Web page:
Material scientists from RUDN University have established the cause of the anomaly in martensitic transformation, which is observed in steels of some structural classes during quenching cooling. The results of the study allowed them to propose a way to eliminate this anomaly. The results are published in Materials.

The optimal properties of steels are formed as a result of heat treatment, consisting of quenching and tempering. The mode of heat treatment, its temperature, and exposure significantly affect the structure of steel and its characteristics. The martensite structure appears during quenching and is partially decayed during tempering. One of the methods of studying phase transformations during heat treatment is the determination of temperature dependence of the thermal expansion coefficient (TEC). The temperature intervals of phase transitions can be found by the maximum of TEC. For the ChS-139 alloy, an anomaly of martensitic transformation was detected by this method: they found two peaks corresponding to the formation of the martensite structure on the TEC temperature dependence graph, where there should be only one. The causes of this anomaly remained unknown. RUDN materials scientists investigated this effect, explained its cause, and proposed a way to eliminate the anomaly of martensitic transformation.

The leading engineer-technologist of the Institute of Innovative Engineering Technologies of the RUDN University, PhD Kseniya Bazaleeva together with her colleagues, suggested that the observed anomaly is associated with the "splitting" of the martensitic transformation into two, and the nature of this splitting has a diffusion character: during the heat treatment of steel, the homogenization of the alloy composition does not have time to occur.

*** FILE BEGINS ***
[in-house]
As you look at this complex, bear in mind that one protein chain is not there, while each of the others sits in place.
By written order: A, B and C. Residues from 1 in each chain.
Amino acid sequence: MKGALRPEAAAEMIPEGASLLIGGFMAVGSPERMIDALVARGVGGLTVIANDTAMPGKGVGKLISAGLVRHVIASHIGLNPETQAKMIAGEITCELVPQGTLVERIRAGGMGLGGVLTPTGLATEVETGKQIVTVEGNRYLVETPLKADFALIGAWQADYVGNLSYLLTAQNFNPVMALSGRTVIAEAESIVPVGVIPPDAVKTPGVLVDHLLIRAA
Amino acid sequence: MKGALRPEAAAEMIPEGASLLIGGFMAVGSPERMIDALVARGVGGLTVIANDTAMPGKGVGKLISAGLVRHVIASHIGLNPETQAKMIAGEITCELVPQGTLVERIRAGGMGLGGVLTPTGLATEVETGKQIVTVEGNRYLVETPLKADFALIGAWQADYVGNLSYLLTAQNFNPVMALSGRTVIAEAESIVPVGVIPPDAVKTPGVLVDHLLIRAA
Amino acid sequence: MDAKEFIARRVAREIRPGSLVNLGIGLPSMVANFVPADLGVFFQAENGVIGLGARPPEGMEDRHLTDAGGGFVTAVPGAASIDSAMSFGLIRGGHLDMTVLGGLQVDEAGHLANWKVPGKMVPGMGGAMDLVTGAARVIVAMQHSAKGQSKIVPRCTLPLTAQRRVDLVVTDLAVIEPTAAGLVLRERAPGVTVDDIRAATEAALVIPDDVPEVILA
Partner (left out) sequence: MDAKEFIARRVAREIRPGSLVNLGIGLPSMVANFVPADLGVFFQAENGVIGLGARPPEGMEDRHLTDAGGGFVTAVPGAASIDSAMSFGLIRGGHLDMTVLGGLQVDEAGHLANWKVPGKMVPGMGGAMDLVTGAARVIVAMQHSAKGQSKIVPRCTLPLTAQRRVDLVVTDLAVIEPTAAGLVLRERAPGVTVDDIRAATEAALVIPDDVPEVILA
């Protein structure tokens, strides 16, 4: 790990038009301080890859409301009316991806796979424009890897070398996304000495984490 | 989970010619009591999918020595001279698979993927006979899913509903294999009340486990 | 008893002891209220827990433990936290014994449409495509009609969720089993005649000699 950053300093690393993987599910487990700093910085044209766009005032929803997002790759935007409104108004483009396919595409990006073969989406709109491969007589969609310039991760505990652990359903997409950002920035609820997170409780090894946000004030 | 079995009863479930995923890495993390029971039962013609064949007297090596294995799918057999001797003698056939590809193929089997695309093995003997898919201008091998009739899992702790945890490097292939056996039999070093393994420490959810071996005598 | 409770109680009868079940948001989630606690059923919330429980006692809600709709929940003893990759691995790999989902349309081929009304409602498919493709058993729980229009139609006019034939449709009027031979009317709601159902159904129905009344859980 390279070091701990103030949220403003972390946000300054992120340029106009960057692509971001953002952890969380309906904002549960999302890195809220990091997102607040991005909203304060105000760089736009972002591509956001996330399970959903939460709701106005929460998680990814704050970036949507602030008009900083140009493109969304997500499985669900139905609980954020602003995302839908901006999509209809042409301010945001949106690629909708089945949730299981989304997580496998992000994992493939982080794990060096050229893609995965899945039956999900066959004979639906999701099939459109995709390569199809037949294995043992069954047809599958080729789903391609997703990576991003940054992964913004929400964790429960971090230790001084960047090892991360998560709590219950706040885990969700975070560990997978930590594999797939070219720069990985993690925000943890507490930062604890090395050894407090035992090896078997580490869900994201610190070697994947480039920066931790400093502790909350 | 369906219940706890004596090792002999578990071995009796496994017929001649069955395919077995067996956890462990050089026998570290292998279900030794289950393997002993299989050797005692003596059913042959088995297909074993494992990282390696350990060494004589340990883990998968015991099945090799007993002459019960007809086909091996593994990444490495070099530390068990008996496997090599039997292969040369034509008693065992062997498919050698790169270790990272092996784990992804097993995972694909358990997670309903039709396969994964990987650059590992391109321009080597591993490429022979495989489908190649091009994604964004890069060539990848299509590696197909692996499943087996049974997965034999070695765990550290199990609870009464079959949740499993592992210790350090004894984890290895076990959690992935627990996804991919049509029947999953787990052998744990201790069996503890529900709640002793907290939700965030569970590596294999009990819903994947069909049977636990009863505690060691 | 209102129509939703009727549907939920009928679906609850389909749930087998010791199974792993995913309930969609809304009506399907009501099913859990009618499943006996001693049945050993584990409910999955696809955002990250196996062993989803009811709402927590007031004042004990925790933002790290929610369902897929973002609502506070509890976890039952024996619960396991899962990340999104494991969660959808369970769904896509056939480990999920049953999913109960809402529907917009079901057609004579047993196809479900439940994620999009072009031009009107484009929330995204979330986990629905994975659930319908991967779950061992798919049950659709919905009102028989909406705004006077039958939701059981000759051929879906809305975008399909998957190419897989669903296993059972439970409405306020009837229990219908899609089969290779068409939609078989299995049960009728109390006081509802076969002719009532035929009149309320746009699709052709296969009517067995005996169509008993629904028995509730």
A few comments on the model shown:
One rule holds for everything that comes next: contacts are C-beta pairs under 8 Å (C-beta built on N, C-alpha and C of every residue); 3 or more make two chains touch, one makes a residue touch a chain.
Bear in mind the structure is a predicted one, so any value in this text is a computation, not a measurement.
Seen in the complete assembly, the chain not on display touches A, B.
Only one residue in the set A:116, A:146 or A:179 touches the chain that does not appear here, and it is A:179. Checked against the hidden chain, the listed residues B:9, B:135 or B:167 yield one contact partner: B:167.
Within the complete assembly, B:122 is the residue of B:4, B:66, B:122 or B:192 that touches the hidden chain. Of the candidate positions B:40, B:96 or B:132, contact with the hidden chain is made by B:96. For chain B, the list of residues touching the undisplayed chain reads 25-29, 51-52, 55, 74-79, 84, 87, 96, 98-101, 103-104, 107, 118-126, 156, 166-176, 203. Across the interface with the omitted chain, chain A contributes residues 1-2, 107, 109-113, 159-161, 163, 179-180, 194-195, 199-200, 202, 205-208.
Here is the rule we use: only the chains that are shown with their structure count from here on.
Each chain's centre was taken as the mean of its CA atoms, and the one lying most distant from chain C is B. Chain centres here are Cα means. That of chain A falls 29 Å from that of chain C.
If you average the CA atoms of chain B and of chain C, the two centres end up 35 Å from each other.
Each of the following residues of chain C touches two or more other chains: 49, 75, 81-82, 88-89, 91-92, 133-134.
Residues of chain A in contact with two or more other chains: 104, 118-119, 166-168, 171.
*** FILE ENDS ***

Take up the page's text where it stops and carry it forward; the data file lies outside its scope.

By constructing the TEC temperature dependence, material scientists investigated the anomaly of martensitic transformation on three types of steel: EK-181, EP-823, and ChS-139. All these steels are the same ferritic-martensitic structural class but with different concentrations of alloying elements. The significant anomaly of martensitic transformation was found only in ChS-139 steel, which has a higher degree of alloying.

It is known that the degree of alloying affects the rate of diffusion processes in steel. The higher the degree of alloying, the lower the diffusion rate. An increase of the concentration of the alloying elements slows down the homogenization of the solid solution at high temperatures. The temperature of the martensitic transformation depends on the composition of the solid solution. Due to the heterogeneity of its composition, transformations of solid solutions of different compositions overlap during quenching cooling, each of them has its own temperature range.

“An increase in the exposure time and heating temperature, made it possible to establish that the effect of the splitting of the martensitic peak can be eliminated by homogenization of the austenitic solid solution”, said Ksenya Bazaleeva from the RUDN University.

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